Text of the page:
The well of Internet Protocol (IP) addresses has run dry - for the most part.
In early February, the Internet Assigned Numbers Authority (IANA) doled out the last five blocks of IP addresses to regional Internet registries around the world, which are responsible for divvying up IP addresses among Iocal Internet service providers and other online stakeholders.
Experts project that the last batch of IP addresses will be exhausted by mid-year.
To clarify, there are still plenty of domain names (i.e. howstuffworks.com) and URLs to go around. IP addresses are the 8-bit numerical labels that identify mobile devices (laptops, iPads, smart phones) within computer networks.
IP addresses consist of four numbers between 0 and 255, separated by decimals. For example, your laptop's IP address might be anything from 0.0.0.0 to 255.255.255.255. Those unique numerical labels allow computers and other devices to communicate among the vast network of servers that make up the Internet.
Why hasn't more Y2K-style panic ensued? It isn't that the Internet is running out of IP addresses altogether, but rather IP version 4 (IPv4) addresses.
Back in 1983, IANA designated around 4.3 billion IPv4 addresses, not predicting the incredible pace of tech development that would ensue. Due to the explosion of mobile devices in recent years and an ever-expanding wired population, those IPv4 addresses have been effectively gobbled up.
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The IANA recognized this possibility early on, and in 1999, Internet Protocol version 6 (IPv6) was born. IPv6 addresses are 16-byte labels instead of 8-byte IPv4 labels, which means there are exponentially more to go around.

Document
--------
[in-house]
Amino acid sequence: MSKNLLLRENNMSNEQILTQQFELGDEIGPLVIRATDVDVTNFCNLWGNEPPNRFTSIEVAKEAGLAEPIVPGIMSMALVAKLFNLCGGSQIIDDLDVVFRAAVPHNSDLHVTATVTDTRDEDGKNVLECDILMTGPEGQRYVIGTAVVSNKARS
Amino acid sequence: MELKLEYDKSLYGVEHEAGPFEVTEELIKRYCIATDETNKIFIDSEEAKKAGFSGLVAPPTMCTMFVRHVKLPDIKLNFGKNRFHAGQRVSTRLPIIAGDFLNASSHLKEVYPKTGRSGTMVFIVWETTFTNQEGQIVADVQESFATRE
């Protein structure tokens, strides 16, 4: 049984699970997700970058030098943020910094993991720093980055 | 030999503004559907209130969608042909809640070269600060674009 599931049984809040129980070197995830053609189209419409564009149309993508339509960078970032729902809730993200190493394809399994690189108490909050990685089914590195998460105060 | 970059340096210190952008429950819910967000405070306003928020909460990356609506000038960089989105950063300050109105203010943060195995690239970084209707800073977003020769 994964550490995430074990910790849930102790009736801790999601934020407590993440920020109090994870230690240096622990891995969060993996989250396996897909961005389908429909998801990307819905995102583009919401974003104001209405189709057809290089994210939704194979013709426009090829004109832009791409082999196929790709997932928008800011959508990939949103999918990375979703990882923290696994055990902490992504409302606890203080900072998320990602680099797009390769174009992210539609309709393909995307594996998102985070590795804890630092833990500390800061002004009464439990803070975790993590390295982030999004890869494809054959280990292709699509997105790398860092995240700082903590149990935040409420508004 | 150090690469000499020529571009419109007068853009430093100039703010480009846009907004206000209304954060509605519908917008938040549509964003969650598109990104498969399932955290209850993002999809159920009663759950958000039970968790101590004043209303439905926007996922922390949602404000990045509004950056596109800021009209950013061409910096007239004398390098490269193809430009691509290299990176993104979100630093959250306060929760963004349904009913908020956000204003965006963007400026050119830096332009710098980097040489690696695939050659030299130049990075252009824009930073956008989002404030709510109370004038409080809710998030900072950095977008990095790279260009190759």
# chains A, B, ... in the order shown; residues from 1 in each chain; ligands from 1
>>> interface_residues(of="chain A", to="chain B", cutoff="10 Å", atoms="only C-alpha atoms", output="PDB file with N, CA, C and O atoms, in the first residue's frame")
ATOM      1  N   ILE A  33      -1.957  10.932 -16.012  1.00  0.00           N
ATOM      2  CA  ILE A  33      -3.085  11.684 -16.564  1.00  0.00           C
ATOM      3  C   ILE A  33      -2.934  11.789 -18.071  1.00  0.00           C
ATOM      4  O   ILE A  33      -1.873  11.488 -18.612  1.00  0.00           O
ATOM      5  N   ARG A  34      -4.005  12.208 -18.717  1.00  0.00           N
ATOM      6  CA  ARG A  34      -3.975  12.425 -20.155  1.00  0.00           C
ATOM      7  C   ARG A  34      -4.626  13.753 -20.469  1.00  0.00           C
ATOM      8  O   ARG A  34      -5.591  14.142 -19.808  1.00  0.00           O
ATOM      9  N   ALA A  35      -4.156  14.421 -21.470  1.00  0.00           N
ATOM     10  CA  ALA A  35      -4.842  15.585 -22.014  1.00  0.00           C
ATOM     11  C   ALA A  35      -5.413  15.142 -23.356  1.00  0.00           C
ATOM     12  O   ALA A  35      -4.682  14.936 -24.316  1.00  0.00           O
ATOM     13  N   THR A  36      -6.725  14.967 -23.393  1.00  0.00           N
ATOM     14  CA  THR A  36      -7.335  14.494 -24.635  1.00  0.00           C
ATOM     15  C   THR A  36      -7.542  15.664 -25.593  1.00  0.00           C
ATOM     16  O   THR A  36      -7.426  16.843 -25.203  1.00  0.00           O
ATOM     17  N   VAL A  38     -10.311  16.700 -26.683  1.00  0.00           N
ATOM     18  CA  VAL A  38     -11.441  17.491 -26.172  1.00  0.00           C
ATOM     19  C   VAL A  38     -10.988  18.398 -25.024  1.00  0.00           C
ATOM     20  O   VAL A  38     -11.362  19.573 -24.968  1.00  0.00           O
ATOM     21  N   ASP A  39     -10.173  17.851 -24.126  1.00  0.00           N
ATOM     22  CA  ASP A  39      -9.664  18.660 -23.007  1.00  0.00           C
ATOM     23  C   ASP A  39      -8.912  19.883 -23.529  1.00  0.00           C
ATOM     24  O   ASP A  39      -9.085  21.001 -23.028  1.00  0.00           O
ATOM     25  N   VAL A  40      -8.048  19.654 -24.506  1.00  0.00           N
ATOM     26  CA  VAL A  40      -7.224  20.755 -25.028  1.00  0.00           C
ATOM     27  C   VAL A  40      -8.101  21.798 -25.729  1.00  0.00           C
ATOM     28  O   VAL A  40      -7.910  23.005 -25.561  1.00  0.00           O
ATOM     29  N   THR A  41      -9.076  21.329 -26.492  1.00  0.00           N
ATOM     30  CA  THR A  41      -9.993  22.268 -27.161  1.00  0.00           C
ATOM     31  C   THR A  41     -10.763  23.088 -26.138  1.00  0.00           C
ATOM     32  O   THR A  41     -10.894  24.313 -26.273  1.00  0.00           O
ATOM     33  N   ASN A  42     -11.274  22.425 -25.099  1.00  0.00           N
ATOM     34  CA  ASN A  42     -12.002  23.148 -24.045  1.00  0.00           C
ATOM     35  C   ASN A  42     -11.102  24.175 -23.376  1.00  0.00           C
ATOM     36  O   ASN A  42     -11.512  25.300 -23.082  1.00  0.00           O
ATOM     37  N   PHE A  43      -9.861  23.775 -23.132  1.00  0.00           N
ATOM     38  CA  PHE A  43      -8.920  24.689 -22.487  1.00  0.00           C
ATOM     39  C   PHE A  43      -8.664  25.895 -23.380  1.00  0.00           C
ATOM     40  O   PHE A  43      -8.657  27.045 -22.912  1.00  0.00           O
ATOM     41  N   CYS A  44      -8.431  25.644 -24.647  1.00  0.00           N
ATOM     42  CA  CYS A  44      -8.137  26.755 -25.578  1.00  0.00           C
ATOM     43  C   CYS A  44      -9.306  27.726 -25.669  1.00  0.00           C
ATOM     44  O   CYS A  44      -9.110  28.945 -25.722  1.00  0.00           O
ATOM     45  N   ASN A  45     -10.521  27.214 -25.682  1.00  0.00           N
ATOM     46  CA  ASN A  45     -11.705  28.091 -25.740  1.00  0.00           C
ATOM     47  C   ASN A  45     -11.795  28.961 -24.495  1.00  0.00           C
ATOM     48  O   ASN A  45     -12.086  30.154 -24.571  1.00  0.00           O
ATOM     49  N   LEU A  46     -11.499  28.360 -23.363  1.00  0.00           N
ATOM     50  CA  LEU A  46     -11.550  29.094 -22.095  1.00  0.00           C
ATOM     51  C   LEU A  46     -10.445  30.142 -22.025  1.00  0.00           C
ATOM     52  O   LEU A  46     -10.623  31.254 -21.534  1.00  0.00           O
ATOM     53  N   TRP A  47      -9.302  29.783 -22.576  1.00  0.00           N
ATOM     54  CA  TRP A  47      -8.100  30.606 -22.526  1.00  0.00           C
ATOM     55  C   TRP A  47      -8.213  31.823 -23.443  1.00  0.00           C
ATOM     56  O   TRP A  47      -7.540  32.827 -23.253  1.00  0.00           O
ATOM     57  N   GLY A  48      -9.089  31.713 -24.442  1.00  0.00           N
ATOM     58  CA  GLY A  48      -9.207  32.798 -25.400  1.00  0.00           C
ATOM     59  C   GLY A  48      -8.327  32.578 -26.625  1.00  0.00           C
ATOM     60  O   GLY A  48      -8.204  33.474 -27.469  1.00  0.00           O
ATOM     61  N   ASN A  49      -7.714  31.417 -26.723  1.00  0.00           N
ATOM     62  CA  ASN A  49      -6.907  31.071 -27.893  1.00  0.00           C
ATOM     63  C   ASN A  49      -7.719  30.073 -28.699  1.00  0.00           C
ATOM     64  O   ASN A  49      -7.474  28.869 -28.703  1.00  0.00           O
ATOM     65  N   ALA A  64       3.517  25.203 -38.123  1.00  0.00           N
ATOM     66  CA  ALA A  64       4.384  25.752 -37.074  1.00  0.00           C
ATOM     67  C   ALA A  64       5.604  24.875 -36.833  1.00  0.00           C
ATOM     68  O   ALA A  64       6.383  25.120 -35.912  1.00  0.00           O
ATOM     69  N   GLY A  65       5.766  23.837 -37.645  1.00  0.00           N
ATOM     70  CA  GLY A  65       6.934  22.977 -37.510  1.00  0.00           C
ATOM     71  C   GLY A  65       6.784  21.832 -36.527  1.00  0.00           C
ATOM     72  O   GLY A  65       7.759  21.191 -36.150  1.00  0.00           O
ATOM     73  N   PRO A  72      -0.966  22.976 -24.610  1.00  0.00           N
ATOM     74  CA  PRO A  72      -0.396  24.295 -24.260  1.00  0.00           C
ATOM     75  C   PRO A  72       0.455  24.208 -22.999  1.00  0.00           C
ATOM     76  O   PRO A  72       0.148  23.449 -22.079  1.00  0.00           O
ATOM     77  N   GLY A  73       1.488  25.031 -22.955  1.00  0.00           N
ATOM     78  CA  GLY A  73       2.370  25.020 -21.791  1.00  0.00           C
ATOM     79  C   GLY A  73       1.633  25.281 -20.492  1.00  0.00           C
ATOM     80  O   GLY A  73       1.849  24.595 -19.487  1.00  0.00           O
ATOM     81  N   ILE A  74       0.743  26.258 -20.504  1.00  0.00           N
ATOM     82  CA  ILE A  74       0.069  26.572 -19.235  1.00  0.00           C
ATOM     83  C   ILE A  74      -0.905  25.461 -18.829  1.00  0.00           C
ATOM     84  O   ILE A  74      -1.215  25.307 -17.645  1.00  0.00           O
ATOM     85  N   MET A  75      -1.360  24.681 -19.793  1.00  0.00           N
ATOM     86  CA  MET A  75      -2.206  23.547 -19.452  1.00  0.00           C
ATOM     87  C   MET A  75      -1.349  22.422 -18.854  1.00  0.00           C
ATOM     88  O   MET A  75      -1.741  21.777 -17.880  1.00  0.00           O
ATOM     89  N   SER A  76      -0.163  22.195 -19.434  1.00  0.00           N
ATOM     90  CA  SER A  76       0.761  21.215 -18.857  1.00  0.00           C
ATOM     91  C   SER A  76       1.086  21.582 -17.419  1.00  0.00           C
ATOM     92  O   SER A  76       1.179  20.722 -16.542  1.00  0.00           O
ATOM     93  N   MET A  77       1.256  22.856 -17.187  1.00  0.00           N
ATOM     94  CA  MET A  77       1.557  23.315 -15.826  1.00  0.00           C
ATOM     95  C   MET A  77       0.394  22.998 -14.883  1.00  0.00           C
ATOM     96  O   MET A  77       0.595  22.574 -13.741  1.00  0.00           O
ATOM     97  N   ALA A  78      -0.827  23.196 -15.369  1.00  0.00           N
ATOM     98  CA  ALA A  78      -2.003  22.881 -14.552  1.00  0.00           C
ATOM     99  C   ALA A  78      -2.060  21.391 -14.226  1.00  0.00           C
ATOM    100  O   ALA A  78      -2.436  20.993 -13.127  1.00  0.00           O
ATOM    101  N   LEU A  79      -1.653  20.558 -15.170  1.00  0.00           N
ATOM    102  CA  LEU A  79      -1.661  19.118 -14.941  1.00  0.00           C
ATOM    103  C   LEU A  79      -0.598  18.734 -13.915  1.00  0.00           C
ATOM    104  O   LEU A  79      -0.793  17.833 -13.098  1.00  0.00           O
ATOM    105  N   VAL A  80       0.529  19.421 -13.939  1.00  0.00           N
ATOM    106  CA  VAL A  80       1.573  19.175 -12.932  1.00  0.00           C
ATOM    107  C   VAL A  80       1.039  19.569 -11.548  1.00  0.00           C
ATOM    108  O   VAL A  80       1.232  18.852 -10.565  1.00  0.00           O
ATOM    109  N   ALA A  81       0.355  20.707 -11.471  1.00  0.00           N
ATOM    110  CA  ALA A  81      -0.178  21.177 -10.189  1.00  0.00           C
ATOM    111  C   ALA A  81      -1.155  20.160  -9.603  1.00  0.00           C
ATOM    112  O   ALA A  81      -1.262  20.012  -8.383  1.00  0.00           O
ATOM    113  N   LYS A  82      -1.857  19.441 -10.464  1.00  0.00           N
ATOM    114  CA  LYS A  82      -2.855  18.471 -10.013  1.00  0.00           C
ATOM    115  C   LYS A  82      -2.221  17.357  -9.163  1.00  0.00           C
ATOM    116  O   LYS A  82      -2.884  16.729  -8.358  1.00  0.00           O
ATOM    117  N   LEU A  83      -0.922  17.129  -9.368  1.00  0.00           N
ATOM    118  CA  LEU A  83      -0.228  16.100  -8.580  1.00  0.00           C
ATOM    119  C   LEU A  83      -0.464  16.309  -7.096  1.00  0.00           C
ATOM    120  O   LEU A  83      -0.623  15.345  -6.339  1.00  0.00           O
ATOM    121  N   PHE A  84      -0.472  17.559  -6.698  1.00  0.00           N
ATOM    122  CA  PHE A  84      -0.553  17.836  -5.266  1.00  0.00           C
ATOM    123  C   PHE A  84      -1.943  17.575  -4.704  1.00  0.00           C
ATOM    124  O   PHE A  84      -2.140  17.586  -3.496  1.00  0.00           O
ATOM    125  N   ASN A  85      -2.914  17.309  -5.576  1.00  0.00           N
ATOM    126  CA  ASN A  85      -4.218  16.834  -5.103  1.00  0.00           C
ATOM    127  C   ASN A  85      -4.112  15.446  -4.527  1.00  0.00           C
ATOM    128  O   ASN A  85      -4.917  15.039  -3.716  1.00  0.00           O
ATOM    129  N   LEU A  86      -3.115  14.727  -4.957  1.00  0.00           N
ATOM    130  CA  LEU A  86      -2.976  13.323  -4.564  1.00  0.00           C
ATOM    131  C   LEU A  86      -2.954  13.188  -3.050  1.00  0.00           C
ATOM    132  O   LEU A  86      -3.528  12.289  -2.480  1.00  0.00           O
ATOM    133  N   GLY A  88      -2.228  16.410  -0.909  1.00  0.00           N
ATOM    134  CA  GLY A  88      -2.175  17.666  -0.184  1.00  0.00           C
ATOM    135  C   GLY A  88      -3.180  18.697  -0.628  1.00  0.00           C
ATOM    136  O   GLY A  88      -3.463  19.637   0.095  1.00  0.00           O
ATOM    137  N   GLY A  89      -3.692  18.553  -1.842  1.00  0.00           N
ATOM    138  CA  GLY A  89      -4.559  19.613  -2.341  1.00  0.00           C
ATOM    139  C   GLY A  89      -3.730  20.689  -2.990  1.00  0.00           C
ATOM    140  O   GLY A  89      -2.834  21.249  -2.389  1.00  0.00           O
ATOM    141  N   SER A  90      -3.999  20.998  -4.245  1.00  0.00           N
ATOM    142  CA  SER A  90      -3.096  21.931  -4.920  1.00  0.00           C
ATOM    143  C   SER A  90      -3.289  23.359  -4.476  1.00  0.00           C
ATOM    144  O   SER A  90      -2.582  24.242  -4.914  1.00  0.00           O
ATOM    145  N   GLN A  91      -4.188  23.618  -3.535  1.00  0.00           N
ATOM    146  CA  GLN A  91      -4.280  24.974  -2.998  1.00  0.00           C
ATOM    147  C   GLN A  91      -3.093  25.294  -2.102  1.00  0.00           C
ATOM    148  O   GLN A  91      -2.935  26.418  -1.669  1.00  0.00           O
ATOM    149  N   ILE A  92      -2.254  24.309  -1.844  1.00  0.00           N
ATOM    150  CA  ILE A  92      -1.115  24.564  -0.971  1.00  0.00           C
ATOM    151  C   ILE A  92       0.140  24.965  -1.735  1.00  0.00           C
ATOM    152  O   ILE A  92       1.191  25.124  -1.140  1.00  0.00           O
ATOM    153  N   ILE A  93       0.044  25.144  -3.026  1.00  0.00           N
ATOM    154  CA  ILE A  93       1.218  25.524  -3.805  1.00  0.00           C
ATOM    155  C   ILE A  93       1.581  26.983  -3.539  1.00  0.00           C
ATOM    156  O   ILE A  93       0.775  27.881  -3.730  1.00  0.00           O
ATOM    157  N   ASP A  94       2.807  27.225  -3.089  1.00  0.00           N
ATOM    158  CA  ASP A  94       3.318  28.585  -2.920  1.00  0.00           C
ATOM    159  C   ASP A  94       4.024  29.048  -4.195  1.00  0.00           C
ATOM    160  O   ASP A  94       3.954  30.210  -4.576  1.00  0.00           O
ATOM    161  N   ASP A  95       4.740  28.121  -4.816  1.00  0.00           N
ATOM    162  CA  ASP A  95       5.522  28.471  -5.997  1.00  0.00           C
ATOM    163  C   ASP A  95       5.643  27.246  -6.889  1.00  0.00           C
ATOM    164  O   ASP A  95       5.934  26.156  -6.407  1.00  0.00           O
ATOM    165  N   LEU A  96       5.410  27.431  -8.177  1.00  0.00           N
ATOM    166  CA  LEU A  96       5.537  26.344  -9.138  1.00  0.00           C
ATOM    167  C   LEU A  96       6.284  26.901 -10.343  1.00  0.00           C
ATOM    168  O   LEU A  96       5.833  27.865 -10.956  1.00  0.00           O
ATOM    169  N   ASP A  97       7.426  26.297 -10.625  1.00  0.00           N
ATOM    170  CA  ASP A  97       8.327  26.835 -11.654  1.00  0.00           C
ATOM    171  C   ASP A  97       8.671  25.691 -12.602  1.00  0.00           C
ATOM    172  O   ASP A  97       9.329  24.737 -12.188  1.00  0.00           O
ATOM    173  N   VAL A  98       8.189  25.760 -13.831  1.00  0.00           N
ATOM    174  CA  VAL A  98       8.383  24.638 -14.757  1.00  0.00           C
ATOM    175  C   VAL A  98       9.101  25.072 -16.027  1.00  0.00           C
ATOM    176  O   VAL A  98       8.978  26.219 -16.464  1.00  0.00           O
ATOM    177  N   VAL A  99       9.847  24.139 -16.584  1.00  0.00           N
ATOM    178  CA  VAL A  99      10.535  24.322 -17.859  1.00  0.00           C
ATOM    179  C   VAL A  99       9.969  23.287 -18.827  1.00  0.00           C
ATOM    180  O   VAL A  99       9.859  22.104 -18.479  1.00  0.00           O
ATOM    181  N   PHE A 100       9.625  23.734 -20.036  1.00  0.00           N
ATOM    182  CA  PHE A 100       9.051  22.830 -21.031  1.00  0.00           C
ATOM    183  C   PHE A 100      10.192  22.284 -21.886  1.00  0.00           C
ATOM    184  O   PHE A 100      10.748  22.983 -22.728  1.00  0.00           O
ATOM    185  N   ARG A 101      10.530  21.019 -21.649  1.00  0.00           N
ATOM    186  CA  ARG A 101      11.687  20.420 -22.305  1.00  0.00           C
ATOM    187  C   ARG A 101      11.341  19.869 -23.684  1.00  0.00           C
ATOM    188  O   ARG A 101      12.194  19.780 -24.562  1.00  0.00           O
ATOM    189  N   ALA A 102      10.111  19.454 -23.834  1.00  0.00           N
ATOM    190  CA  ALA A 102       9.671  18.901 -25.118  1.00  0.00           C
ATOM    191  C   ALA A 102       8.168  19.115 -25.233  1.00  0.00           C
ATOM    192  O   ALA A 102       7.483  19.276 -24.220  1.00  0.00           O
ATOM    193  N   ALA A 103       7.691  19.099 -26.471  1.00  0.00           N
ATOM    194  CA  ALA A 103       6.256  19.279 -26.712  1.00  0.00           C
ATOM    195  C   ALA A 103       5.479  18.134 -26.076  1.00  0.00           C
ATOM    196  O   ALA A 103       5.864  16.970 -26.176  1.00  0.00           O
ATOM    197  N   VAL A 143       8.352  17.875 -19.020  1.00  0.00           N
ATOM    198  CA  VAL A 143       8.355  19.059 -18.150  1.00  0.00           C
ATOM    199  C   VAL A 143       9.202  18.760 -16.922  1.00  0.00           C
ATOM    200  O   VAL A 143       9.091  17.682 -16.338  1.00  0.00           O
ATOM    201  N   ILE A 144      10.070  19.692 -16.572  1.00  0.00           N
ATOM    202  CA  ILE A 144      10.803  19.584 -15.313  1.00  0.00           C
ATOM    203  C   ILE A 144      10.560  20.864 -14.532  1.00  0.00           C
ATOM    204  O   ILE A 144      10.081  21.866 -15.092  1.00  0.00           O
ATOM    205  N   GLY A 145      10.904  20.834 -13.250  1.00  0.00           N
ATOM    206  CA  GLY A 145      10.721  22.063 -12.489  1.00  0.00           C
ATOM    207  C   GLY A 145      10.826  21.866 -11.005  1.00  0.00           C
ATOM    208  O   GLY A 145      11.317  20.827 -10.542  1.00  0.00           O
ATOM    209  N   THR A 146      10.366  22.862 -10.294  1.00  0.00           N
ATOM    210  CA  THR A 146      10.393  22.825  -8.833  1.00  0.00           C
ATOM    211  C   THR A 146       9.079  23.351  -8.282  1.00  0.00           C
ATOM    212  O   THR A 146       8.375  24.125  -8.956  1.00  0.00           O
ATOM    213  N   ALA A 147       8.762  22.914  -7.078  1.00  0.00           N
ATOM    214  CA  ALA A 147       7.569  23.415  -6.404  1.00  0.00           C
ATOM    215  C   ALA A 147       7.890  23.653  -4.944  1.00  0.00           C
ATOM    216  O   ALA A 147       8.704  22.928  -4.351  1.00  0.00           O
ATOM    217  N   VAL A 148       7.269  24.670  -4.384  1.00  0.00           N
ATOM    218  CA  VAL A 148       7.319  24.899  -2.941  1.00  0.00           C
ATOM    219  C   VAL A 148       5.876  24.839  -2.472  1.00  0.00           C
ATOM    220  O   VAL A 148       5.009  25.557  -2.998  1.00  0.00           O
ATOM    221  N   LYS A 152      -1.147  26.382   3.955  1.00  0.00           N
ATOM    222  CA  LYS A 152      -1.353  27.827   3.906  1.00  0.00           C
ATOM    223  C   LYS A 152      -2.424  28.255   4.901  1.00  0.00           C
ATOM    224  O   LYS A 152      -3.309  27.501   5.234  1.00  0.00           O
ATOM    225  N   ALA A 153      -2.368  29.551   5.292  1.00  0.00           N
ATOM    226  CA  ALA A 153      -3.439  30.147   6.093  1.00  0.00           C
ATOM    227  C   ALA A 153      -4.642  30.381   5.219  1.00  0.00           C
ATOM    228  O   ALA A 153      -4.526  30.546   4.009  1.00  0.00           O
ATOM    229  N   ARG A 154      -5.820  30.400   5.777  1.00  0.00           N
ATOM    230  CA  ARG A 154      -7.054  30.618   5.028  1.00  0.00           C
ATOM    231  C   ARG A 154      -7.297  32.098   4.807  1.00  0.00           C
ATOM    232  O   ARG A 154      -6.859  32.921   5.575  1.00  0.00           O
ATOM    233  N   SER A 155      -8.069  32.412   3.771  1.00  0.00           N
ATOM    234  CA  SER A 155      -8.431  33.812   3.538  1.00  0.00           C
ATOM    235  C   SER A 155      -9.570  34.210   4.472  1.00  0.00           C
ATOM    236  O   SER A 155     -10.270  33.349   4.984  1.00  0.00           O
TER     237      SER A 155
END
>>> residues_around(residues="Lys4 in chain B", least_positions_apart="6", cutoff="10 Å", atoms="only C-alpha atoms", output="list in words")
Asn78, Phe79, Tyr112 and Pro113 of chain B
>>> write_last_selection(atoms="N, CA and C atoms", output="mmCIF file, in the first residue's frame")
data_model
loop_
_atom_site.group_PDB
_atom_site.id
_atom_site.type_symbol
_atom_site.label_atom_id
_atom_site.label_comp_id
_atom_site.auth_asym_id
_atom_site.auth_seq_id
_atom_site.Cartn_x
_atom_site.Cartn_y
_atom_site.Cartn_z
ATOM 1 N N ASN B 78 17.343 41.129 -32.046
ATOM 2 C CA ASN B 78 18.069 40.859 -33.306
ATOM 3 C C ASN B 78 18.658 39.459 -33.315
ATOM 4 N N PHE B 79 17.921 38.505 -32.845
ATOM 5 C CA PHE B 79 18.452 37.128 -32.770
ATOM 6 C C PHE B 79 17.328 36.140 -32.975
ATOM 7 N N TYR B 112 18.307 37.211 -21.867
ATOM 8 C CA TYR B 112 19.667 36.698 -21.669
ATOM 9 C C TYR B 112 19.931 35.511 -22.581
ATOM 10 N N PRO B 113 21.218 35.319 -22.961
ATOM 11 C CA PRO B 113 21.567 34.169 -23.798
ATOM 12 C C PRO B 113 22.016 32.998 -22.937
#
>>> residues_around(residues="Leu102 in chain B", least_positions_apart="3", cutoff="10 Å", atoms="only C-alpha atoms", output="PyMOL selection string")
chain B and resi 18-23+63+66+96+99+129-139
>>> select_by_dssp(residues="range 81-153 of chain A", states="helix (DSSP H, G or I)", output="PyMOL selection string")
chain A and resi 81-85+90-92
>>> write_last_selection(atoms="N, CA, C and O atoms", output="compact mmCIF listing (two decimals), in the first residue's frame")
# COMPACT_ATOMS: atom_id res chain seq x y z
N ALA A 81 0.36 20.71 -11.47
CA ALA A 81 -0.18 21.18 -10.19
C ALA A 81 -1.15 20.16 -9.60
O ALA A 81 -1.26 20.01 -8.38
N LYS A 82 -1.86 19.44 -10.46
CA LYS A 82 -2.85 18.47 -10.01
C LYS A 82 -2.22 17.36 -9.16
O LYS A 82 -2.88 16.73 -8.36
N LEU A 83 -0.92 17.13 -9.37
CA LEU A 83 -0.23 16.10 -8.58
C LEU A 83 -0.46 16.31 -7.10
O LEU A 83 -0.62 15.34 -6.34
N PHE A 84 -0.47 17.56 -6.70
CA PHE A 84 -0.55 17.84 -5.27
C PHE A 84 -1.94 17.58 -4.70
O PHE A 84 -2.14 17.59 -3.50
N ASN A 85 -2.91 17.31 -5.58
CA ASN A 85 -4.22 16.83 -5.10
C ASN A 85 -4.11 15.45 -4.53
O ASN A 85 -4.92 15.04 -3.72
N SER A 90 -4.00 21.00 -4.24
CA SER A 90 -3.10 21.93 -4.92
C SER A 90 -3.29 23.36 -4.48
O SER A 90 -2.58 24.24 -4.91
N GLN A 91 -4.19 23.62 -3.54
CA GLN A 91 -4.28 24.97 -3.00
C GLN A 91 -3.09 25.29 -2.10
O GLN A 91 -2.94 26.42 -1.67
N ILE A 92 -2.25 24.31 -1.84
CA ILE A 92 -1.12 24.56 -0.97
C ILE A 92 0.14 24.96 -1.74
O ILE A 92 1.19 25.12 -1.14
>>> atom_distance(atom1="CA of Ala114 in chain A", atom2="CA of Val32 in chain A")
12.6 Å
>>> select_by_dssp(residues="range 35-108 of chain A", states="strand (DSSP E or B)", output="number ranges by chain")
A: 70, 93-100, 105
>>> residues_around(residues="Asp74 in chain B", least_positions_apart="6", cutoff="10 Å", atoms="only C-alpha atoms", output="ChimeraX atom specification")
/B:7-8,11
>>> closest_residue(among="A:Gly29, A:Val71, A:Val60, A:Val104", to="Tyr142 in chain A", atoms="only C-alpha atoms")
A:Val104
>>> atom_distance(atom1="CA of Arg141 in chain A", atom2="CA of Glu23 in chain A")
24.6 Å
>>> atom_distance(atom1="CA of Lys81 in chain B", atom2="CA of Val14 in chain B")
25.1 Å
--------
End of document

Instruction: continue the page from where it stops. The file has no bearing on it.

"I think IPv6 will easily get us 50 years, and could well get us much further," said John Heidemann, a computer scientist at University of Southern California who mapped the global distribution of those 4 billion IP addresses.
Heidemann's IP mapping also revealed that while the bulk of those IPv4 addresses have been handed out, a majority of them - roughly 85 percent - aren't actually in use.
"This result suggests to me that we can probably do better in efficiently using the addresses we have," Heidemann said. "In fact, if you look at the history of address allocation policies from ICANN (and the regional registries, we see their policies about (ensuring allocated IP addresses are utilized) before they give out more to IP addresses have gotten consistently stricter over the years."
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Those idle IP addresses explain why Microsoft was just able to purchase $7.5 million-worth of IPv4 addresses from Nortel Networks.
With trillions of IPv6 addresses waiting in the wings, it might sound like an easy fix, and some devices, including iPhones and Internet service providers have already made the transition to the 32-bit labels.
But a vast majority of the Internet has yet to upgrade its network equipment to recognize IPv6 addresses. As that transition occurs, there will certainly be hiccups along the way, although they'll be more evident on the back end than for users.
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"I expect we will see disruptions for ISPs well before we see it for users," Heidemann told Discovery News. "By ‘disruptions' here I mean much greater efforts required to support new users, and more difficulty diagnosing problems. Disruptions for end users will occur later. My guess is the first will be higher costs for static IP addresses and multiple IP addresses, items needed mainly by businesses or certain kinds of professional users."
Once the full crossover to IPv6 and its 340 undecillion (340 followed by 36 zeros) available addresses is completed, does that mean the Internet won't run out of IP addresses ever again?
Heidemann doesn't want to make that bet.
"One should be careful with ‘ever,' since in 1985, the 4 billion IPv4 addresses looked quite huge," he said.
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